Luke 16:22-26 22 The poor man died and was carried by the angels to Abraham’s side.1 The rich man also died and was buried, 23 and in Hades, being in torment, he lifted up his eyes and saw Abraham far off and Lazarus at his side. 24 And he called out, ‘Father Abraham, have mercy on me, and send Lazarus to dip the end of his finger in water and cool my tongue, for I am in anguish in this flame.’ 25 But Abraham said, ‘Child, remember that you in your lifetime received your good things, and Lazarus in like manner bad things; but now he is comforted here, and you are in anguish. 26 And besides all this, between us and you a great chasm has been fixed, in order that those who would pass from here to you may not be able, and none may cross from there to us.’

While it is admitted that not all details in a parable are to be understood literally, the essential features of the parable are to be. I.e., there may not be a literal chasm between heaven and hell, yet nevertheless there is some sort of barrier preventing travel between them. Now some may want to argue that this is just between heaven and hell, not heaven and earth or hell and earth. But this is to base the argument for ghosts on silence – and in opposition to the positive and negative inferences.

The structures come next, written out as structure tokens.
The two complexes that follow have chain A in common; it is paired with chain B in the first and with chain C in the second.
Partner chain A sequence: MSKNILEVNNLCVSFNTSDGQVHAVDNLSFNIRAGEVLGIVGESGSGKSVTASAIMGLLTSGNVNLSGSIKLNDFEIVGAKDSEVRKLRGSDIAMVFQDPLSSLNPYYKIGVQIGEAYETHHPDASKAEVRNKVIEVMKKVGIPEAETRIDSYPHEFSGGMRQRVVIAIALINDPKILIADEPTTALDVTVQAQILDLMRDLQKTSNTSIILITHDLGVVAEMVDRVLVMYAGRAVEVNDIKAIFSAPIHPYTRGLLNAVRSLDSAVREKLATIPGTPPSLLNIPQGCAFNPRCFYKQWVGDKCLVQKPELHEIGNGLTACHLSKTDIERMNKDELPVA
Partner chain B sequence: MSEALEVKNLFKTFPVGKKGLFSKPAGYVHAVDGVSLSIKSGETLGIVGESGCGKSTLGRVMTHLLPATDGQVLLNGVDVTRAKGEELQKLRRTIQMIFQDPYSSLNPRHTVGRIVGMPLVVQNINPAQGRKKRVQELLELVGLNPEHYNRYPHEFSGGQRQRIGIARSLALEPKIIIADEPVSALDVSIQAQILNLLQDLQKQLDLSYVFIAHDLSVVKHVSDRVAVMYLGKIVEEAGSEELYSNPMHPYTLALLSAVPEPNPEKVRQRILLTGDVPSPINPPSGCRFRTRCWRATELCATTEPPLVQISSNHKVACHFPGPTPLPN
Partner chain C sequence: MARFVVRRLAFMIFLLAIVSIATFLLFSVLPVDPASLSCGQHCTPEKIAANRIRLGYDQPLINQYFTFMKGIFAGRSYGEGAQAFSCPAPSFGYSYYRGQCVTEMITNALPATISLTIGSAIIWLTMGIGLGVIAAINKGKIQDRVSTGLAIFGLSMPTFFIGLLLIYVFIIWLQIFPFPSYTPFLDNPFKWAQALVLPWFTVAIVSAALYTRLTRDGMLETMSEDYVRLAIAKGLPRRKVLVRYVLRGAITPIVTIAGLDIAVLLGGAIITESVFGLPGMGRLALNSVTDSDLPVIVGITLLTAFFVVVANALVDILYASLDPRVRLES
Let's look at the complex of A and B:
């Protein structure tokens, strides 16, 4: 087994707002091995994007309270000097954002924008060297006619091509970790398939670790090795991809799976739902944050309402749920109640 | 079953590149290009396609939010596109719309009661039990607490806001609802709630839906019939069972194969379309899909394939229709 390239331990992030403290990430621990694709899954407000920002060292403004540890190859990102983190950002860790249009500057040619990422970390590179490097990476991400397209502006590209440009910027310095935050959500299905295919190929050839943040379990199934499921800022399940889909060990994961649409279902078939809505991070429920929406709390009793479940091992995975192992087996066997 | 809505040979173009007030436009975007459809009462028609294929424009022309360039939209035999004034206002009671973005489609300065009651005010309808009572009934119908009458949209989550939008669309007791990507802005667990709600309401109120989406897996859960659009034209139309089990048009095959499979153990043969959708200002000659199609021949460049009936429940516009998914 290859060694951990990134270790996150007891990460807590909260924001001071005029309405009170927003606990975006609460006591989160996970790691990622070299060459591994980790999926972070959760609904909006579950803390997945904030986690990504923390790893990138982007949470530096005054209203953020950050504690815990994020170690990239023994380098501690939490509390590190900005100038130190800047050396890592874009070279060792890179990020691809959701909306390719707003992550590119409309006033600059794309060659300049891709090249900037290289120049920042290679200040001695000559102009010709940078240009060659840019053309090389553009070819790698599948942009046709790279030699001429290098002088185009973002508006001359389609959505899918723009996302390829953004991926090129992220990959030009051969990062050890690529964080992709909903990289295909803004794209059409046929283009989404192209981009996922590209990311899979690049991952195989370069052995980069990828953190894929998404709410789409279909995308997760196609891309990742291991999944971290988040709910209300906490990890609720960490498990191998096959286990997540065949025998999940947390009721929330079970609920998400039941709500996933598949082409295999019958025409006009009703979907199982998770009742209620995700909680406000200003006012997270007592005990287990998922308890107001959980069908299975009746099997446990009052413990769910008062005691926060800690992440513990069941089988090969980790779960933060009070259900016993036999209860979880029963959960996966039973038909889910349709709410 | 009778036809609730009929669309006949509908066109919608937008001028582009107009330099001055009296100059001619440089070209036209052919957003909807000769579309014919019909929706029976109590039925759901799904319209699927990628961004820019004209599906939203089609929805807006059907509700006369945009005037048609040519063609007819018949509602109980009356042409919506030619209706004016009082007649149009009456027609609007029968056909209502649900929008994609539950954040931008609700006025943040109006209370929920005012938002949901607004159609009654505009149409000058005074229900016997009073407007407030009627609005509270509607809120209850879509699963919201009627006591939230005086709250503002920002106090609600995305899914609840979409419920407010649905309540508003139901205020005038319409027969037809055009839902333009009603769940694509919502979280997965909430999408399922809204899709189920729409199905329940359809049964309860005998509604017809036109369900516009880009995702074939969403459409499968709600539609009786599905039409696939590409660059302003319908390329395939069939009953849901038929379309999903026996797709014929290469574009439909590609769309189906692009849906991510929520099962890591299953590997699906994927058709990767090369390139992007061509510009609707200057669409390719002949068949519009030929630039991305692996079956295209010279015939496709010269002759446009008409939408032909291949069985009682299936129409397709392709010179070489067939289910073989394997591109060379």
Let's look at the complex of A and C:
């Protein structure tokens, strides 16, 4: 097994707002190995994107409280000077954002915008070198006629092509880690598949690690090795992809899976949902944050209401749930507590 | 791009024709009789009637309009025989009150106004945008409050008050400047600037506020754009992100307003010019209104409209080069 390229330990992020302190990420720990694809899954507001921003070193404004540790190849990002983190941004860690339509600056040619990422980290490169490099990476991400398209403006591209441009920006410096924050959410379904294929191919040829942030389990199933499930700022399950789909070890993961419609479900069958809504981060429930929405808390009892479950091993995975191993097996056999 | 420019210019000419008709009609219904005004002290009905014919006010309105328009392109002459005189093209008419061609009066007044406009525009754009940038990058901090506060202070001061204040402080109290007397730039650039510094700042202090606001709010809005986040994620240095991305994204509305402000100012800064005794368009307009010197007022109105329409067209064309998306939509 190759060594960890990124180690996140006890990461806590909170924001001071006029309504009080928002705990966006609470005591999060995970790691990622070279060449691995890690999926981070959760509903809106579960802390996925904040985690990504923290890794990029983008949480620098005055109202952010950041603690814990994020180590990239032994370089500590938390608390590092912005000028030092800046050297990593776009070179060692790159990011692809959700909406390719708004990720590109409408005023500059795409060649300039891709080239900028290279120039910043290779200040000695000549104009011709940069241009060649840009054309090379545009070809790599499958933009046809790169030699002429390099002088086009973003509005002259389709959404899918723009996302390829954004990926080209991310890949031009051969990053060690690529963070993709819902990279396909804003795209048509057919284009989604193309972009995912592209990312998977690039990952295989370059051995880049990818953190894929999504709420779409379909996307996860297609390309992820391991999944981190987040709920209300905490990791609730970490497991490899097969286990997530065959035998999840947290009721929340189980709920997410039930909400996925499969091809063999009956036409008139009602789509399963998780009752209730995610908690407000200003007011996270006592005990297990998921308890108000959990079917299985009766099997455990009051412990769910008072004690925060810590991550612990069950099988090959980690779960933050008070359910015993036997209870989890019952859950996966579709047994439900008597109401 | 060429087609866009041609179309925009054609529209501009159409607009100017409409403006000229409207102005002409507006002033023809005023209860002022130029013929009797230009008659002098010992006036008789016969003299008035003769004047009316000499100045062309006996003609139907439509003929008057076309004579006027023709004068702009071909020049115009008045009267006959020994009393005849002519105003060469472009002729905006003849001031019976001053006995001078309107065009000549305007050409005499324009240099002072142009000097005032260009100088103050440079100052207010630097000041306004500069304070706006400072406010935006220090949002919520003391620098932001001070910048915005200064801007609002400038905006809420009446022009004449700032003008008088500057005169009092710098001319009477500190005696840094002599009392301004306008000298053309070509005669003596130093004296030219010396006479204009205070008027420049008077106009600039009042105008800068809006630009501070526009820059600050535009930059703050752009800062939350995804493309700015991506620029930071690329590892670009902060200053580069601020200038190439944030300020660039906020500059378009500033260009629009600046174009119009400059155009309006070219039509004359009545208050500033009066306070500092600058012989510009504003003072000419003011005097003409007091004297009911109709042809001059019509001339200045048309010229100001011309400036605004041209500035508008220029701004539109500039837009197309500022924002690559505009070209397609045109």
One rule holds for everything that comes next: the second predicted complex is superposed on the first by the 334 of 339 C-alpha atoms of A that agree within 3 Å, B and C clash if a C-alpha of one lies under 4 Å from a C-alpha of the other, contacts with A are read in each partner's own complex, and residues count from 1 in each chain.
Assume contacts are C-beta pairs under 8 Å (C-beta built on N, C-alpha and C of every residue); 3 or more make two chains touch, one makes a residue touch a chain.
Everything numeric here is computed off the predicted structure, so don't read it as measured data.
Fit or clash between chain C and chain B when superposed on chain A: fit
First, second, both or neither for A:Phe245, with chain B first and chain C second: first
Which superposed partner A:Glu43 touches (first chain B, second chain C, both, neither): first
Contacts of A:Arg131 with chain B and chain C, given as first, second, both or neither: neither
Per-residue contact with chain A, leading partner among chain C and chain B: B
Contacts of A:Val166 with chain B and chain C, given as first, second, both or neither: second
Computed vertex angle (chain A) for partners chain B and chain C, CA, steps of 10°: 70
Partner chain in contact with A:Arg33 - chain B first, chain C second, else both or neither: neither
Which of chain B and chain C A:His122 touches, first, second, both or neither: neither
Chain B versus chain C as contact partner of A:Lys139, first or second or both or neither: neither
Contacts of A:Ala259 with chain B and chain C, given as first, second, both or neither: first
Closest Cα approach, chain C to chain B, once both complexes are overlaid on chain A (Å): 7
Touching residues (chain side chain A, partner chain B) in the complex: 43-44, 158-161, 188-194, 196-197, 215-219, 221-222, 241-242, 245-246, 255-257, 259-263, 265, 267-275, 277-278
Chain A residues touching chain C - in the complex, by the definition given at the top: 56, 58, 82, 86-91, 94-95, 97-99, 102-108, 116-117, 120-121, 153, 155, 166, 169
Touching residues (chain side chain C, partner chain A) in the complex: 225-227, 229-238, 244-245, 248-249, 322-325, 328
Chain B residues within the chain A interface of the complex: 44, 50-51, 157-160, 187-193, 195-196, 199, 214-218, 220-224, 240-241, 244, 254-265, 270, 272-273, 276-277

The biblically consistent position is that once a human dies his spirit departs this physical world, never to be seen again. Yes, this is the ordinary, and we do have evidence of one example. Yet this is biblical evidence – without question factually accurate. It is dangerous to say the least to build a case on this for ghosts.

I conclude – human disembodied spirits do not return to earth and appear to living human beings.